Sight Seeing of Lake Titicaca, Bolivia

  • 05-01-2018
  • Bolivia
  • 42 Hits

 Lake Titicaca is a large, deep lake in the Andes on the border of Bolivia and Peru. By volume of water and by surface area, it is the largest lake in South America. Lake Maracaibo has a larger surface area, but it is a tidal bay, not a lake.

It is often called the "highest navigable lake" in the world, with a surface elevation of 3,812 metres (12,507 ft). Although this refers to navigation by large boats, it is generally considered to mean commercial craft.  Today the largest vessel is most likely the similarly sized, but broader, train barge/float Manco Capac, operated by PeruRail. Numerous smaller bodies of water around the world are at higher elevations.
The lake is located at the northern end of the endorheic Altiplano basin high in the Andes on the border of Peru and Bolivia. The western part of the lake lies within the Puno Region of Peru, and the eastern side is located in the Bolivian La Paz Department.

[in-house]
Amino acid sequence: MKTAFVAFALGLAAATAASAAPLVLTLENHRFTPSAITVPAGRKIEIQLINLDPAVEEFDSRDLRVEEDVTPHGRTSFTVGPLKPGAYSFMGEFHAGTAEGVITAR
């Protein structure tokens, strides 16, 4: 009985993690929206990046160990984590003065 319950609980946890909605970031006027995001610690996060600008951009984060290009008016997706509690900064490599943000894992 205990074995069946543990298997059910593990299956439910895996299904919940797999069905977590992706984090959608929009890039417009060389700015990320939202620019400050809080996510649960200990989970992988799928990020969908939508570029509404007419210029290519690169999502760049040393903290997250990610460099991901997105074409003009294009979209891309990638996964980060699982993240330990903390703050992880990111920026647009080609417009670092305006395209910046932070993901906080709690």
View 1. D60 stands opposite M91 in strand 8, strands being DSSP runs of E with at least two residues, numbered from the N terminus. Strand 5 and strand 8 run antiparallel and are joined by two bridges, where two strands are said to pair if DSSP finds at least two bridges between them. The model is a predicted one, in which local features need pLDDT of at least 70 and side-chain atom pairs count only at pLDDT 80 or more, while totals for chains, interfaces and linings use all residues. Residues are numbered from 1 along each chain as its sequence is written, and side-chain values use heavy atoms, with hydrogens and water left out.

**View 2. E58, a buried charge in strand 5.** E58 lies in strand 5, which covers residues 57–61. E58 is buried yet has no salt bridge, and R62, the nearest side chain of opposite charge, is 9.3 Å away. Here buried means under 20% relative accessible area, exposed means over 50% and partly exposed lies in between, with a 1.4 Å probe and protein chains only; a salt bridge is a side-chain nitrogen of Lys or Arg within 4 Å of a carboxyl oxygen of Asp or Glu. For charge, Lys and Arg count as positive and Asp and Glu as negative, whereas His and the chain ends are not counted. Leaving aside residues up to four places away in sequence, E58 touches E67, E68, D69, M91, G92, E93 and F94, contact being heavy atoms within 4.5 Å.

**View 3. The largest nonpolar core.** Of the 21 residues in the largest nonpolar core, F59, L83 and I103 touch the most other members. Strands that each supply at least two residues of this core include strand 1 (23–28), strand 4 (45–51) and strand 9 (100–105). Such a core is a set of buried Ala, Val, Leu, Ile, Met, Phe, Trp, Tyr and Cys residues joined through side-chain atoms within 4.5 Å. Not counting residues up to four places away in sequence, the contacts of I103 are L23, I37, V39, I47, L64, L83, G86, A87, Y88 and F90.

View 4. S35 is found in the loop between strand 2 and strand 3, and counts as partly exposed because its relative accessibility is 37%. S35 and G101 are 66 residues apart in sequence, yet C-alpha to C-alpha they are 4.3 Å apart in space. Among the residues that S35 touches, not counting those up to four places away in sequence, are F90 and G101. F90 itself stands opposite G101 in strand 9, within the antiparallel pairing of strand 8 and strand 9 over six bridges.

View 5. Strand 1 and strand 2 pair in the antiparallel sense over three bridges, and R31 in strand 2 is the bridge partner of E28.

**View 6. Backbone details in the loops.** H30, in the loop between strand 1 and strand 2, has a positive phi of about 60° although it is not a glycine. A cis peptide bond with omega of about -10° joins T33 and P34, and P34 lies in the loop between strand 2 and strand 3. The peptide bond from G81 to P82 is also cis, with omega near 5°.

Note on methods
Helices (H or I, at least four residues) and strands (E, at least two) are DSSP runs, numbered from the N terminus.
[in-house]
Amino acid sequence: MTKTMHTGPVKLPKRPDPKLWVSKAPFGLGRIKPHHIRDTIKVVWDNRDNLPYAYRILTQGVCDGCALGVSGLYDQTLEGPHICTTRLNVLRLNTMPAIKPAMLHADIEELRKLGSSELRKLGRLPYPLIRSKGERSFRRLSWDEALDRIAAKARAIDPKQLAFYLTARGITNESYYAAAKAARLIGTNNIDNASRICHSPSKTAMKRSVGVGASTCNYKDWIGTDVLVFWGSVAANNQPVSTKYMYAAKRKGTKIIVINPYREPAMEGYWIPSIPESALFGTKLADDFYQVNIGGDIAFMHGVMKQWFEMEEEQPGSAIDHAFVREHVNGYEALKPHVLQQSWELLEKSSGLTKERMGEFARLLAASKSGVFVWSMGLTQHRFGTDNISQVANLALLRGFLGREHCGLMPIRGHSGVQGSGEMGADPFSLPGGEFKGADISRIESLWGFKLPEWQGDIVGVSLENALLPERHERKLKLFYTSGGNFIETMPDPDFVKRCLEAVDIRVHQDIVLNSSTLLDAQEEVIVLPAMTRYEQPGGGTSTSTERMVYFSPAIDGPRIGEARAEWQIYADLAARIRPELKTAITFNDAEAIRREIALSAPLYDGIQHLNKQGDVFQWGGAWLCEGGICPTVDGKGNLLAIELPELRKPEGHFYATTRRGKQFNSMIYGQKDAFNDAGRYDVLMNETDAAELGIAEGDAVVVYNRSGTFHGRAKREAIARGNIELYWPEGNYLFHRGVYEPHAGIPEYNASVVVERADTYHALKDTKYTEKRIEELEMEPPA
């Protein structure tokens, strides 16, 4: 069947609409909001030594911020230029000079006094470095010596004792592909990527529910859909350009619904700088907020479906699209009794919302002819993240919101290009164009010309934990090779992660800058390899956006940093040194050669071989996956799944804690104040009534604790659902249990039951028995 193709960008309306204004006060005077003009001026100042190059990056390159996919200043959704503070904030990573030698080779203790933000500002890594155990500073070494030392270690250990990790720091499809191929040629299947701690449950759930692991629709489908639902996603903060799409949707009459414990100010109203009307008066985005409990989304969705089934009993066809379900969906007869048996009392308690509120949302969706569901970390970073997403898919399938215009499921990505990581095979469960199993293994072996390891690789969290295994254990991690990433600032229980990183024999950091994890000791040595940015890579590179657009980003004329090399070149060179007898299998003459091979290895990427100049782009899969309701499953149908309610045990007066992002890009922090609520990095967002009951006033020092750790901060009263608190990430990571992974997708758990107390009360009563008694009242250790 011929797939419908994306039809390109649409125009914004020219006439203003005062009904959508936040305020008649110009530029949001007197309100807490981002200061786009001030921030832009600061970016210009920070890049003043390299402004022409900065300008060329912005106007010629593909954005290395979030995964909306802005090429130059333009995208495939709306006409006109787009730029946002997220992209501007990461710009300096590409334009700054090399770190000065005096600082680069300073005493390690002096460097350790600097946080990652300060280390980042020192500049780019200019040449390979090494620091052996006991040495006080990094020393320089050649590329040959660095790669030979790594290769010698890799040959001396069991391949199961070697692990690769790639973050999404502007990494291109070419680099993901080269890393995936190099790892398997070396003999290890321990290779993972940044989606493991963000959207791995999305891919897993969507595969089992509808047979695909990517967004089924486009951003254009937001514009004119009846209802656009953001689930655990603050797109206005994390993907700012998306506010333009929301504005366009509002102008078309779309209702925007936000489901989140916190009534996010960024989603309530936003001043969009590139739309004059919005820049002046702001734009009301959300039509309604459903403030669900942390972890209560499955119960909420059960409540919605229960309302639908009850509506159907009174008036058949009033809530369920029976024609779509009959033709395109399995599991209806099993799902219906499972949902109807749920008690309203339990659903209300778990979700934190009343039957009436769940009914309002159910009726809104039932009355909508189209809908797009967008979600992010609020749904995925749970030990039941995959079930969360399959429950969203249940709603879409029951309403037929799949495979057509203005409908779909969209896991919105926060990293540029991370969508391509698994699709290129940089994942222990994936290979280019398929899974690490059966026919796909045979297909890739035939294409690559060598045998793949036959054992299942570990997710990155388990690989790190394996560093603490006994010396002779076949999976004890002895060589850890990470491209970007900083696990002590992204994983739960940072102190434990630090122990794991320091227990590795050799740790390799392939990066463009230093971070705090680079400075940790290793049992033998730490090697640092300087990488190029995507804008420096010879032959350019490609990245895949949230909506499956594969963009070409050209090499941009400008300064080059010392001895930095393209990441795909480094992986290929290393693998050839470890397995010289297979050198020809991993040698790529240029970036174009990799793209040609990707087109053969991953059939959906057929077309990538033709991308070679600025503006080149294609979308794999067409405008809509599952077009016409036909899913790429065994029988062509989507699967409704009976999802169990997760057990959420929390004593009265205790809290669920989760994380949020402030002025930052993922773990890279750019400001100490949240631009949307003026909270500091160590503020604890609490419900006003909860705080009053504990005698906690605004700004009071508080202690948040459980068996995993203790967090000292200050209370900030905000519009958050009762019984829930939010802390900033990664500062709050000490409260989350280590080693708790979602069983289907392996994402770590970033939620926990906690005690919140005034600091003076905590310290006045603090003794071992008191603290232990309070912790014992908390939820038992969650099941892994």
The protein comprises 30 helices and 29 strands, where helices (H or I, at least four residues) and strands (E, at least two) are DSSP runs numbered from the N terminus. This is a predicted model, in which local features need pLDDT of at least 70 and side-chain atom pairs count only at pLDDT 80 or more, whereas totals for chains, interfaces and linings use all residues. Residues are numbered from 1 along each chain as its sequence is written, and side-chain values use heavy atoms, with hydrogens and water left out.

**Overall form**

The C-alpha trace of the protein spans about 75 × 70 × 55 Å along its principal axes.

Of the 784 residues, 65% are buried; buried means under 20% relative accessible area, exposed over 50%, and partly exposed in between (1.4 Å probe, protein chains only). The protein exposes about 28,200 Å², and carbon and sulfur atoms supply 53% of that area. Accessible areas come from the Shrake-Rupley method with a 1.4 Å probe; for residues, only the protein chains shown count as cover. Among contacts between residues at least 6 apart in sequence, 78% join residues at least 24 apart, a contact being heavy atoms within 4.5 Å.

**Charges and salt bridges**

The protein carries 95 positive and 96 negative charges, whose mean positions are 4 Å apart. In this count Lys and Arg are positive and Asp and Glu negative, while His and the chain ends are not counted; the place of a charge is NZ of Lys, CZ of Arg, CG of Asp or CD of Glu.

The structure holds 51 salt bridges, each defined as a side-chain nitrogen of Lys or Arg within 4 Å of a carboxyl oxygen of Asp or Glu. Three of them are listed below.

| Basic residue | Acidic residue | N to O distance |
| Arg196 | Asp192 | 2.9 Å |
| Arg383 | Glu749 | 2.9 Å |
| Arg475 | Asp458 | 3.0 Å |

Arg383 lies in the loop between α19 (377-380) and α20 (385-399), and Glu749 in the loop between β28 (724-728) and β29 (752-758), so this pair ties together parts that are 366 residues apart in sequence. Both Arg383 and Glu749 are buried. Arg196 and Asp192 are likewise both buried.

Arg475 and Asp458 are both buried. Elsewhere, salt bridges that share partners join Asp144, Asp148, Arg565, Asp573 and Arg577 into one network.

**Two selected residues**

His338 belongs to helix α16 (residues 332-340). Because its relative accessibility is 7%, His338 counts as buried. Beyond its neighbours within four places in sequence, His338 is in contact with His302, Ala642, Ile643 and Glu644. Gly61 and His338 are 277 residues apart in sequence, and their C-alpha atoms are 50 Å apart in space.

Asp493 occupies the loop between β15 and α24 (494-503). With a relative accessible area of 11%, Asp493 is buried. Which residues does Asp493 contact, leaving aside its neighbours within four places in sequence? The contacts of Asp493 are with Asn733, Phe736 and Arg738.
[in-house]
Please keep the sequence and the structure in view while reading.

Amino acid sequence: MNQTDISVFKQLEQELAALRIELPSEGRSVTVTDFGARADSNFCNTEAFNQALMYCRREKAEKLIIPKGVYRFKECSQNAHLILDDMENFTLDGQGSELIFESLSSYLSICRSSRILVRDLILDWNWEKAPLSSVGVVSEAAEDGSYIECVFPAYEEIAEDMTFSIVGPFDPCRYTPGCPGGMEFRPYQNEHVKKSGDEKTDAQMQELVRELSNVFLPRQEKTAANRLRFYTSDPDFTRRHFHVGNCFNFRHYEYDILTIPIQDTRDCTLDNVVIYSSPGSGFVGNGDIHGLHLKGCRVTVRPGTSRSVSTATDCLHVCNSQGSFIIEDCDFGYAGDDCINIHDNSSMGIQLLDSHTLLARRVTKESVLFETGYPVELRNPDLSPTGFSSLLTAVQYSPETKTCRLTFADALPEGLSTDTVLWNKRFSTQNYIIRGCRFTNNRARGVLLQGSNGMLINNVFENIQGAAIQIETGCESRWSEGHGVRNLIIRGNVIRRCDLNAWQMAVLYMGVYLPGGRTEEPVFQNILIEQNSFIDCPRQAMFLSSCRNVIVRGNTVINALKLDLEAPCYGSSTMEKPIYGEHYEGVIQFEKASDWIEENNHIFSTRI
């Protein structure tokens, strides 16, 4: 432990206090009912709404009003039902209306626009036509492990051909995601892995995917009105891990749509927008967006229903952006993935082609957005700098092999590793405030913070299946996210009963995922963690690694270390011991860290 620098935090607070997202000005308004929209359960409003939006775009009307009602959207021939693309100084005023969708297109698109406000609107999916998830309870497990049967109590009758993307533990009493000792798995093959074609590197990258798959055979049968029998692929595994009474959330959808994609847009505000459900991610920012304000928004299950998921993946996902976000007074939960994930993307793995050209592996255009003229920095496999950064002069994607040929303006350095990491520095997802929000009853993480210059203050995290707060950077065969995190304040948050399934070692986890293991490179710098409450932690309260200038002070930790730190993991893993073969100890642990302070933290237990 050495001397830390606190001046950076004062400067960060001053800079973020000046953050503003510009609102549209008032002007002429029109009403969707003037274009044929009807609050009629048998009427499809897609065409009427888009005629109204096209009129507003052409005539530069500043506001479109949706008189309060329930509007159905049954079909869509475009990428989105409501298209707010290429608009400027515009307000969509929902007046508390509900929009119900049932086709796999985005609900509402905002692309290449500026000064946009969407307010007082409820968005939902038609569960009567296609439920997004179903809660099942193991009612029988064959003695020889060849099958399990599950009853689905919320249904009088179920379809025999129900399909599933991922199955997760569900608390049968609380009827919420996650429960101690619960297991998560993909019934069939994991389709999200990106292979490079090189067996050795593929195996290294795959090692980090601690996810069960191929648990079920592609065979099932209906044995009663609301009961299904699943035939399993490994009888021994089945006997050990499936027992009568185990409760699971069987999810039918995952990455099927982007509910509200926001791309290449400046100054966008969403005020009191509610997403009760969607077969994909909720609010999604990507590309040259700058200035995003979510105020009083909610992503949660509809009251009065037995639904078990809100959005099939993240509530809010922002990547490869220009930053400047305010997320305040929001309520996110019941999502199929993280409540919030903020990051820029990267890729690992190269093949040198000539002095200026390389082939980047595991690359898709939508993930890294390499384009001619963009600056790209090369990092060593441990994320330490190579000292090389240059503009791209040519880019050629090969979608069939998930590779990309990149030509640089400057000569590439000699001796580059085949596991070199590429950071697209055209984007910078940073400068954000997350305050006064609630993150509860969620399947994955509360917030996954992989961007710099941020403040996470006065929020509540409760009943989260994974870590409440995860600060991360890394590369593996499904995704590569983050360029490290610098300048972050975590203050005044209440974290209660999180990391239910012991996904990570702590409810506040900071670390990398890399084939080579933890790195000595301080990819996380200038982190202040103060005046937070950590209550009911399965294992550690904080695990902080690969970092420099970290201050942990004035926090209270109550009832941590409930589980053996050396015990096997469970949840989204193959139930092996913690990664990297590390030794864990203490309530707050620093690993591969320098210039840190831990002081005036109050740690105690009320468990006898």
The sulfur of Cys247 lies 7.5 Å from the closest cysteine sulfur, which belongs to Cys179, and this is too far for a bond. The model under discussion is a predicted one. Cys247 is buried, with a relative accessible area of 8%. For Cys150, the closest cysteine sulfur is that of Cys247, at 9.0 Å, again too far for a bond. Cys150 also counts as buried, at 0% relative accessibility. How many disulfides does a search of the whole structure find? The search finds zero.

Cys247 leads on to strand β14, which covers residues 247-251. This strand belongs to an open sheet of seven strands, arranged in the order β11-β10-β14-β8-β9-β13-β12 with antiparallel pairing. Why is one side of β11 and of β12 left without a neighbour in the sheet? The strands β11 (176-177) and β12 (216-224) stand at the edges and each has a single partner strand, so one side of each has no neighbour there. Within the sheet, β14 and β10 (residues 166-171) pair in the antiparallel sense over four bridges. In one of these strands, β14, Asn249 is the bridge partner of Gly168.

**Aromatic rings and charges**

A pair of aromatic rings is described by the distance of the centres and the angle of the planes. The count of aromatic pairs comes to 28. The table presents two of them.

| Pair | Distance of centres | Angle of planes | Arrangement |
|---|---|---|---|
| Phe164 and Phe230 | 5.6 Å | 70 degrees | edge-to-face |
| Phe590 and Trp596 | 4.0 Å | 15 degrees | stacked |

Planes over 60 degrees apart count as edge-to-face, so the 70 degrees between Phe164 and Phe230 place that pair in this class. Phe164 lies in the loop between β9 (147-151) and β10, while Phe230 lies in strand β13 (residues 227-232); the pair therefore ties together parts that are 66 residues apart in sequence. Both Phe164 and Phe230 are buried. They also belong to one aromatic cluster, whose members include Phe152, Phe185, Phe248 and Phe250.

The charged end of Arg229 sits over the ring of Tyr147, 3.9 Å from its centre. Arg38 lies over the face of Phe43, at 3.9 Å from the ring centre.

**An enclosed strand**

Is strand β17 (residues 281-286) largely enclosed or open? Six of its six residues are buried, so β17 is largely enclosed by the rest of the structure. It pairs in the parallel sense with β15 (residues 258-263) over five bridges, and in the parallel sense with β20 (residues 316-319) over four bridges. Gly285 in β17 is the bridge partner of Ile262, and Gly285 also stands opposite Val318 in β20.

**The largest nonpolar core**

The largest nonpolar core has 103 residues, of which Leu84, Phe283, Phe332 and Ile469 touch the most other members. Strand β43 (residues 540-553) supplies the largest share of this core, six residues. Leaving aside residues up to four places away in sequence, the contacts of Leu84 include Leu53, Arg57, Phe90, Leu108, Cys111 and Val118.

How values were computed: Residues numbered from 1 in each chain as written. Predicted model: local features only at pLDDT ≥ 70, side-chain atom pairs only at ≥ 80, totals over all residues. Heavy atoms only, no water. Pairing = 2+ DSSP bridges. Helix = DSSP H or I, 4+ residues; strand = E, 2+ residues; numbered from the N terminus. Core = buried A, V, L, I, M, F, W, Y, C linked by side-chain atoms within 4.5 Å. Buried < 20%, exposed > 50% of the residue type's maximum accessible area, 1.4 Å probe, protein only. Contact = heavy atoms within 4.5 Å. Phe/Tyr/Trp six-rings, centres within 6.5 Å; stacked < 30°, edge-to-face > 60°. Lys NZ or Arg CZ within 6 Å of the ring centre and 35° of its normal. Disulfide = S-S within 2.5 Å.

The lake is composed of two nearly separate sub-basins connected by the Strait of Tiquina, which is 800 m (2,620 ft) across at the narrowest point. The larger sub-basin, Lago Grande (also called Lago Chucuito), has a mean depth of 135 m (443 ft) and a maximum depth of 284 m (932 ft). The smaller sub-basin, Winaymarka (also called Lago Pequeño, "little lake"), has a mean depth of 9 m (30 ft) and a maximum depth of 40 m (131 ft). 
Five major river systems feed into Lake Titicaca. In order of their relative flow volumes these are Ramis, Coata, Ilave, Huancané, and Suchez. More than twenty other smaller streams empty into Titicaca. The lake has 41 islands, some of which are densely populated.
Having only a single season of free circulation, the lake is monomictic, and water passes through Lago Huiñaimarca and flows out the single outlet at the Río Desaguadero, which then flows south through Bolivia to Lake Poopó. This only accounts for about 10% of the lake's water balance. Evapotranspiration, caused by strong winds and intense sunlight at high altitude, balances the remaining 90% of the water loss. It is nearly a closed lake.